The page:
Following a captive-breeding programme, a rare giant anteater has been born at Longleat Safari Park.
The South American mammal is only the third of its kind to be born in Wiltshire and is a species currently listed as ‘vulnerable’, making its arrival particularly welcome. The total population declined by 30 per cent between 2000 and 2010, which saw giant anteaters added to the Red List of Threatened Species, as compiled by the International Union for Conservation of Nature.
The baby anteater has been affectionately nicknamed ‘Julie-Poppet’ by keepers at Longleat and was born to parents who live at the safari park. Mother Maroni was born in France and father Bonito was born in Germany, with both arriving at the park five years ago as part of a European Breeding Programme.
A new addition to Longleat Safari Park
The successful birth of ‘Julie-Poppet’ is fantastic, as aside from giant anteaters being increasingly under threat in the wild, it also means that those staying in luxury cottages in Wiltshire can experience these wonderful creatures too.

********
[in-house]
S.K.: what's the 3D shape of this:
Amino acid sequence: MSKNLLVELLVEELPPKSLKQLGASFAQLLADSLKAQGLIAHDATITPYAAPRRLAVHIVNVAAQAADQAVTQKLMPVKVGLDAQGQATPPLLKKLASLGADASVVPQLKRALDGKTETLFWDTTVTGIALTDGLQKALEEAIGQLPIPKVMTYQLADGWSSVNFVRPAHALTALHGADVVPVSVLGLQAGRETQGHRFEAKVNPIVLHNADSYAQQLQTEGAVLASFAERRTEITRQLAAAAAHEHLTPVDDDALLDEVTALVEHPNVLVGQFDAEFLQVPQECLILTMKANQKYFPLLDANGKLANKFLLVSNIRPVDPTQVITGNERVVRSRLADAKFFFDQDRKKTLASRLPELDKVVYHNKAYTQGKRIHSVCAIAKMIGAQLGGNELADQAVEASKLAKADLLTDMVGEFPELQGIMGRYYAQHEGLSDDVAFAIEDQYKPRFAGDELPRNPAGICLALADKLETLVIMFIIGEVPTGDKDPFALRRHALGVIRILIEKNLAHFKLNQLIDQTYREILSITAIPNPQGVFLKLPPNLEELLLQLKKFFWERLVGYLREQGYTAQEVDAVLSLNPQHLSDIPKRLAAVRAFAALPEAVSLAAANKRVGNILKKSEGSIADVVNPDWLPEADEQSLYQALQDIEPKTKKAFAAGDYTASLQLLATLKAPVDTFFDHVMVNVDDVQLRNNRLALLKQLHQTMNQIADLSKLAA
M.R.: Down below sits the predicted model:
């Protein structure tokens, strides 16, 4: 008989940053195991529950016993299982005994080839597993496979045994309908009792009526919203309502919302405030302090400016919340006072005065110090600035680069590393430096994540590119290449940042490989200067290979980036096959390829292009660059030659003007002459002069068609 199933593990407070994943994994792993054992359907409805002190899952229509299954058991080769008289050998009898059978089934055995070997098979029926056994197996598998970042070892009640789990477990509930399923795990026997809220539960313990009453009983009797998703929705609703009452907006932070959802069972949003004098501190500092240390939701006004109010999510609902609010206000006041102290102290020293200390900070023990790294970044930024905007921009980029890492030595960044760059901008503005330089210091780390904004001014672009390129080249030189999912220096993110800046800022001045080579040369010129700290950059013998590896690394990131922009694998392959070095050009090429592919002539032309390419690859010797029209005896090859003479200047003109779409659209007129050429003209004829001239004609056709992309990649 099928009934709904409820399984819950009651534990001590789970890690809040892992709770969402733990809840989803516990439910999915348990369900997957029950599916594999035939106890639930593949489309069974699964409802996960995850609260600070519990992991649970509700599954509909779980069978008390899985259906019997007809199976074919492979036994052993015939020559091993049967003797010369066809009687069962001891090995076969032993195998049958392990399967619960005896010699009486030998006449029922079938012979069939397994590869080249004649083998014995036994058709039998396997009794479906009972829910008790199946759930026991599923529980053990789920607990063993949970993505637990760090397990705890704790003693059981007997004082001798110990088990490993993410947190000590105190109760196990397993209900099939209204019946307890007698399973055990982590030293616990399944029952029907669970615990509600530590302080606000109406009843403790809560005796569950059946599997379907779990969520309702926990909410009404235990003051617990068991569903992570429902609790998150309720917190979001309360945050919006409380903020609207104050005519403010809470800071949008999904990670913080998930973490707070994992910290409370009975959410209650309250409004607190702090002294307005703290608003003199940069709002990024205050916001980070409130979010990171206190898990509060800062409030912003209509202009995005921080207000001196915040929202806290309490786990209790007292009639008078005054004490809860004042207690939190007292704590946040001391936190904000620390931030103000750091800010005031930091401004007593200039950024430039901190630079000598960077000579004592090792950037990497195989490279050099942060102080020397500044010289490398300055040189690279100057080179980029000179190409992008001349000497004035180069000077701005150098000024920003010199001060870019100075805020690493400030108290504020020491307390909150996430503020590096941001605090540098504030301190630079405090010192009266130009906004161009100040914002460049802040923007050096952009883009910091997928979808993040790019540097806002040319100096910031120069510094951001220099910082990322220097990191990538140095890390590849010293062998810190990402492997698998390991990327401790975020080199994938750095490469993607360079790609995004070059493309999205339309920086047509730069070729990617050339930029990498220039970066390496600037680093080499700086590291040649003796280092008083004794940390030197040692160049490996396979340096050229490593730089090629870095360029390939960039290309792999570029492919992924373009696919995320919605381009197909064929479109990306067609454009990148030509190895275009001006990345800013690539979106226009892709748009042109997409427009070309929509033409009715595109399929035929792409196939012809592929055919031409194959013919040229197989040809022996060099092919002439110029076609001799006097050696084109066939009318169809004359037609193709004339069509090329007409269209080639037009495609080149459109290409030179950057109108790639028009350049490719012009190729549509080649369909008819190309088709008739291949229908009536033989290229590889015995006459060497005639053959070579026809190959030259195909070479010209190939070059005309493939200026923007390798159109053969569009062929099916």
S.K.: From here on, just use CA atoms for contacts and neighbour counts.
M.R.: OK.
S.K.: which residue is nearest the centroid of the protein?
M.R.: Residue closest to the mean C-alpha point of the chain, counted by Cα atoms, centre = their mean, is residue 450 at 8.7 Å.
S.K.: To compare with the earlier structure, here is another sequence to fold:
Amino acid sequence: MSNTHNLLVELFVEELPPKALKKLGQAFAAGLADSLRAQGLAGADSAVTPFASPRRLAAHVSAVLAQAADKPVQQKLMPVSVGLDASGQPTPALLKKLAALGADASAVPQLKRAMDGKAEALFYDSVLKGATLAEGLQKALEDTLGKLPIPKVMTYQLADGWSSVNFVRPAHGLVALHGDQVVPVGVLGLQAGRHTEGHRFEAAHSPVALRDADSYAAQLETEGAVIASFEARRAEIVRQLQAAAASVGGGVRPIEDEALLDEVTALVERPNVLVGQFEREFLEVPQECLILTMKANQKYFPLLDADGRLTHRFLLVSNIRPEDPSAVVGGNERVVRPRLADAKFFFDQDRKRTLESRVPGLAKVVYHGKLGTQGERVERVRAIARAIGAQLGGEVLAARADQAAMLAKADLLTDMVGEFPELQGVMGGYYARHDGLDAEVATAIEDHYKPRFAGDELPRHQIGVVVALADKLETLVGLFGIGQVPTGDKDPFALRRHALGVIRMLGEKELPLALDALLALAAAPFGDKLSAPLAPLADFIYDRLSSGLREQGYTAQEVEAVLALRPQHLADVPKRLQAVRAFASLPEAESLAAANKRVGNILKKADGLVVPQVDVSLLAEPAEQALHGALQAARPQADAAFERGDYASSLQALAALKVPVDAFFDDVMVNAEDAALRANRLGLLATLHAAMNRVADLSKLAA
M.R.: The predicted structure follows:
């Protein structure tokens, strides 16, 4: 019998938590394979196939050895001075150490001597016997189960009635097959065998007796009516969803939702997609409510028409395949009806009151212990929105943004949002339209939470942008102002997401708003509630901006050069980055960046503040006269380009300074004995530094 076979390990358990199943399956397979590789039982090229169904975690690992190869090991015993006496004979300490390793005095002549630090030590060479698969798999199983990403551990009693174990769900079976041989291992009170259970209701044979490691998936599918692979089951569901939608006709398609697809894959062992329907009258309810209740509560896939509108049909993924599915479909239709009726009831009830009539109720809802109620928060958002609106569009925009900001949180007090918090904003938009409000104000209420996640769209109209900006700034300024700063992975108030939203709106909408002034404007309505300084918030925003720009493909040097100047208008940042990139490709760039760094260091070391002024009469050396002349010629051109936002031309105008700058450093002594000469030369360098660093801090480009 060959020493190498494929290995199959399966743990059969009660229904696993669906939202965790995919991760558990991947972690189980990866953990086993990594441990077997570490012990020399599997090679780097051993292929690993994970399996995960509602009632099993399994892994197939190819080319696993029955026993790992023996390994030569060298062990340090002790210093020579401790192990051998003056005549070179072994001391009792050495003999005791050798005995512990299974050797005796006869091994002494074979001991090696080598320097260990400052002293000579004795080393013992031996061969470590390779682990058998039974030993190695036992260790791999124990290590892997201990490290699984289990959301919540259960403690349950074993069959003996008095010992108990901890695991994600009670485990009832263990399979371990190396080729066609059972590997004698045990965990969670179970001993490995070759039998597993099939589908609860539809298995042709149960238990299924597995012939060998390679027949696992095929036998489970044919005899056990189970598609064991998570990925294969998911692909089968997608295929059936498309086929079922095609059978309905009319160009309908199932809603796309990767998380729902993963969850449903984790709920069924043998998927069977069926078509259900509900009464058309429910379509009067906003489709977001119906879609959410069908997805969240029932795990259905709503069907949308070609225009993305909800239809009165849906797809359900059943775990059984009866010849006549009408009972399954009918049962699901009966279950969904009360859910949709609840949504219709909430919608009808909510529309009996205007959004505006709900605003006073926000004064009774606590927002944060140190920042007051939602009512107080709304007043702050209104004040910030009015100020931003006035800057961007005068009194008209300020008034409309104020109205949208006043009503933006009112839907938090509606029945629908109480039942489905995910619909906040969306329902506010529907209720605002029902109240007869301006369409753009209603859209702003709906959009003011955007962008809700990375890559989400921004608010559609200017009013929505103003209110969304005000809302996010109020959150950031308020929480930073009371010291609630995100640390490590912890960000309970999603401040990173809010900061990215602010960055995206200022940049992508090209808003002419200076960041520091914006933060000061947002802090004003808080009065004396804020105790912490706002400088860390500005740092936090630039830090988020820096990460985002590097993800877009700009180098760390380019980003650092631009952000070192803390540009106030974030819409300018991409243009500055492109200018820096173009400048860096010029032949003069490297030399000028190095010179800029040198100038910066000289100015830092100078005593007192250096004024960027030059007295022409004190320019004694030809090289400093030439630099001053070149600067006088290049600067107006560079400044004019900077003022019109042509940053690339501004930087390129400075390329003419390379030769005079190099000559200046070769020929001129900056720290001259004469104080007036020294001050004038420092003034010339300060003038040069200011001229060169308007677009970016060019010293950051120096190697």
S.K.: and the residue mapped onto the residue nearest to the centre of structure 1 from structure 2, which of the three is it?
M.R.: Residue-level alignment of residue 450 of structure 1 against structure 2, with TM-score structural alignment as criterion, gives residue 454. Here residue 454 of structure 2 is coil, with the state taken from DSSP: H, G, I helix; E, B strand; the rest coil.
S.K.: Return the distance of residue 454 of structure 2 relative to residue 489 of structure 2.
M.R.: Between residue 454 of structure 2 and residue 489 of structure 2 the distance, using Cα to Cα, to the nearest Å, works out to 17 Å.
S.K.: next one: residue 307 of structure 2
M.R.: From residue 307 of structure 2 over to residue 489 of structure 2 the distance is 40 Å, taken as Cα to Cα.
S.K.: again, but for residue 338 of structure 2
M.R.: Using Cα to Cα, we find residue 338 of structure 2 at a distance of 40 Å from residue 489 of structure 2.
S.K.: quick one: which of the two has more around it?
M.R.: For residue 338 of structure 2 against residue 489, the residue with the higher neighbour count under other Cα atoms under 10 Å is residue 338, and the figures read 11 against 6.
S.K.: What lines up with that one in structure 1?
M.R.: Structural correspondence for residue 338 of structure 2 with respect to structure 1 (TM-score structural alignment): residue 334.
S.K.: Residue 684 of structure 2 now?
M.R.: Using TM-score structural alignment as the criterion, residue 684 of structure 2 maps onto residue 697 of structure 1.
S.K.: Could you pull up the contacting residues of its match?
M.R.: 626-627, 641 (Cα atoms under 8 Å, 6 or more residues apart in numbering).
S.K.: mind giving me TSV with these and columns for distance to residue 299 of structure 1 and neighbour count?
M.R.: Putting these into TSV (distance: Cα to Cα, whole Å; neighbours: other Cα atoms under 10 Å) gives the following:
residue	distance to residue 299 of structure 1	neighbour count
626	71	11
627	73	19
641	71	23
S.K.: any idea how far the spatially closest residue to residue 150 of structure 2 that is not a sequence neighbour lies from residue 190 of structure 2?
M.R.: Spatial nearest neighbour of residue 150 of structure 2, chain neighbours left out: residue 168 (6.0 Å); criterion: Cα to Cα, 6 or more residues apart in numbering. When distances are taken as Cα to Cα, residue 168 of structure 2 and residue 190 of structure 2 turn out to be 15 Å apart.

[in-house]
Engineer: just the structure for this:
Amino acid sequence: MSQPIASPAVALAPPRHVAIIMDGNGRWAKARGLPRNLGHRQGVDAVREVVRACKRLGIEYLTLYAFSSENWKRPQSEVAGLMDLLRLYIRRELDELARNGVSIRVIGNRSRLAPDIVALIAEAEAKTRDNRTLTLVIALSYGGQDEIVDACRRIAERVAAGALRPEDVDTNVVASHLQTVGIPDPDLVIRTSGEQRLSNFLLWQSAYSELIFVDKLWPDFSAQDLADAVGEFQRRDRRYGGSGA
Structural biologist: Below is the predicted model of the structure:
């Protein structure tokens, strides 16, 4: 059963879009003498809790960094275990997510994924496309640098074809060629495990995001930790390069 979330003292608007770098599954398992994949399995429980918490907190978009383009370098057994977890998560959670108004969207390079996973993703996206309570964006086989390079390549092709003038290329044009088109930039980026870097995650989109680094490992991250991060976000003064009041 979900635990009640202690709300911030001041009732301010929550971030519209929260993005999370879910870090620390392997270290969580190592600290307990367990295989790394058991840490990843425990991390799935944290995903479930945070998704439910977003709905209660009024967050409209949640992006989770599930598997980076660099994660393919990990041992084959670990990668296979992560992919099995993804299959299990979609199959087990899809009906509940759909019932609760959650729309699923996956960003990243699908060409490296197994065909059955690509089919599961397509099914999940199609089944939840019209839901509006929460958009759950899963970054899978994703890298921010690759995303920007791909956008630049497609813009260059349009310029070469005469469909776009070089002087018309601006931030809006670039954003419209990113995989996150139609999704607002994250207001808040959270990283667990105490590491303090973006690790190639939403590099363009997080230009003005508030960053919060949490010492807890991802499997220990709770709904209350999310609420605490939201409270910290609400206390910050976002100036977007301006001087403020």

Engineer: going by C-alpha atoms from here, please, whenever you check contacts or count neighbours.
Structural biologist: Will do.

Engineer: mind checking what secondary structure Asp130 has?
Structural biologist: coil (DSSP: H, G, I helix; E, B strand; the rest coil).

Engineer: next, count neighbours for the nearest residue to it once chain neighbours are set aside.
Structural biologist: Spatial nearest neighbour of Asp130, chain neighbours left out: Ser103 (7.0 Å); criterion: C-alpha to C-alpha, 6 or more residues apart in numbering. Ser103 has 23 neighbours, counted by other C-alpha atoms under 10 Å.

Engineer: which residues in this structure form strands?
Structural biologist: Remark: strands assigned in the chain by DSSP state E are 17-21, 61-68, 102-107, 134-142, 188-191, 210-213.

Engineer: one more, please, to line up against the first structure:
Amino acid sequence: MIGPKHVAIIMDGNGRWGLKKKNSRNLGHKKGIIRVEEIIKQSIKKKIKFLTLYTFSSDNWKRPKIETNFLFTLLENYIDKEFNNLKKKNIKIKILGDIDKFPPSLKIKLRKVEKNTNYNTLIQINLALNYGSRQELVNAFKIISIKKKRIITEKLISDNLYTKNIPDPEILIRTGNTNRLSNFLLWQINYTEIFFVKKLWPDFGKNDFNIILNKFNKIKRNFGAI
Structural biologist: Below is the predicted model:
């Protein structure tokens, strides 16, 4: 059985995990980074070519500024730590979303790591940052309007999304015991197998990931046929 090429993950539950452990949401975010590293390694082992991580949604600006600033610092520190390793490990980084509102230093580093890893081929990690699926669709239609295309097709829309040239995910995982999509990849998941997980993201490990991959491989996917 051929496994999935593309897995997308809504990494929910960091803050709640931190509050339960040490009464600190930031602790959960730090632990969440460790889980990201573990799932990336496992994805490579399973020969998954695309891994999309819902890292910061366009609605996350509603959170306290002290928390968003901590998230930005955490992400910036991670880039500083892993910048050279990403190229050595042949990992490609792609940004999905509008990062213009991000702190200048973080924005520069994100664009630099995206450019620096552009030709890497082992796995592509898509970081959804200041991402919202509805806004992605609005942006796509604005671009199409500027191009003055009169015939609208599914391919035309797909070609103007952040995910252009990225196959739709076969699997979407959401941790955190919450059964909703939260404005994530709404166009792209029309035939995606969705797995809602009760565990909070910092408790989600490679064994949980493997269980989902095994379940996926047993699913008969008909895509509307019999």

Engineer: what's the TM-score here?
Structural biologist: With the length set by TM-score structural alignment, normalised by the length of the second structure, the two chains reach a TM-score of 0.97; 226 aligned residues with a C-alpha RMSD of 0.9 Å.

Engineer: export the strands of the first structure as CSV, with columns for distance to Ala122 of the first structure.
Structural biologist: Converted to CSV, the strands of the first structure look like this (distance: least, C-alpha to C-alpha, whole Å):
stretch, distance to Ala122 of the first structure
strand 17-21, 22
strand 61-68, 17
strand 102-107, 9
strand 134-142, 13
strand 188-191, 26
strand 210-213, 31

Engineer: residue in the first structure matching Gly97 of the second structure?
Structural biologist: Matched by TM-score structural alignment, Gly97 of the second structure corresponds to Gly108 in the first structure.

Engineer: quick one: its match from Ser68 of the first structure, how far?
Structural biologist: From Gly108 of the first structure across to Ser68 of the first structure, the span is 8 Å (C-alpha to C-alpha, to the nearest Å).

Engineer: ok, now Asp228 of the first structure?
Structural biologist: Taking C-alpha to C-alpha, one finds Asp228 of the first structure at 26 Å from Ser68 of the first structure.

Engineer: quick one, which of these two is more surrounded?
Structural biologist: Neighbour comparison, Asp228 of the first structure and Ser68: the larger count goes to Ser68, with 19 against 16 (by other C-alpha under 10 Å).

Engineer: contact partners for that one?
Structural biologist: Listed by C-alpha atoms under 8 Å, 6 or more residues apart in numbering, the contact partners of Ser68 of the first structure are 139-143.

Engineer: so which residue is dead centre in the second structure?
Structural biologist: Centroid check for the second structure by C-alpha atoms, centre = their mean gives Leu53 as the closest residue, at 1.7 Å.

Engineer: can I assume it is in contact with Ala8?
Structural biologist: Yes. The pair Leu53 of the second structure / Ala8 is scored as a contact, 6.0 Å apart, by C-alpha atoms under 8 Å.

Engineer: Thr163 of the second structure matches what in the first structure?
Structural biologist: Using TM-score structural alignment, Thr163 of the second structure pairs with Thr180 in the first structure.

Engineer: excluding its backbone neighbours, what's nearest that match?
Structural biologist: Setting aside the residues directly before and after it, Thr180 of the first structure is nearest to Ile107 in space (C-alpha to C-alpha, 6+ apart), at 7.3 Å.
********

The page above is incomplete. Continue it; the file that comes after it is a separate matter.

With habitats that are usually in tropical and deciduous forests, it is rather difficult to see them in the wild, especially as they are incredibly camouflaged. In fact, the baby anteater will be carried on her mother’s back for the first six months, and will align itself to the pattern of her fur, in order to hide from potential predators. It’s an incredibly effective method, with the young anteater almost becoming invisible to the naked eye.
So far, mother and baby have a great relationship, as expected in the early stages. ‘Julie-Poppet’ feeds by taking milk from underneath the mother anteater and rarely lets go of the protective parent.
Giant anteaters can grow to over two metres in length, with tongues that can extend to more than 60cm. This enables them to get into ant and termite mounds, with the mammals eating up to 30,000 insects in one day, making their name incredibly apt.
Image Credit: Meg Rutherford (Flickr.com)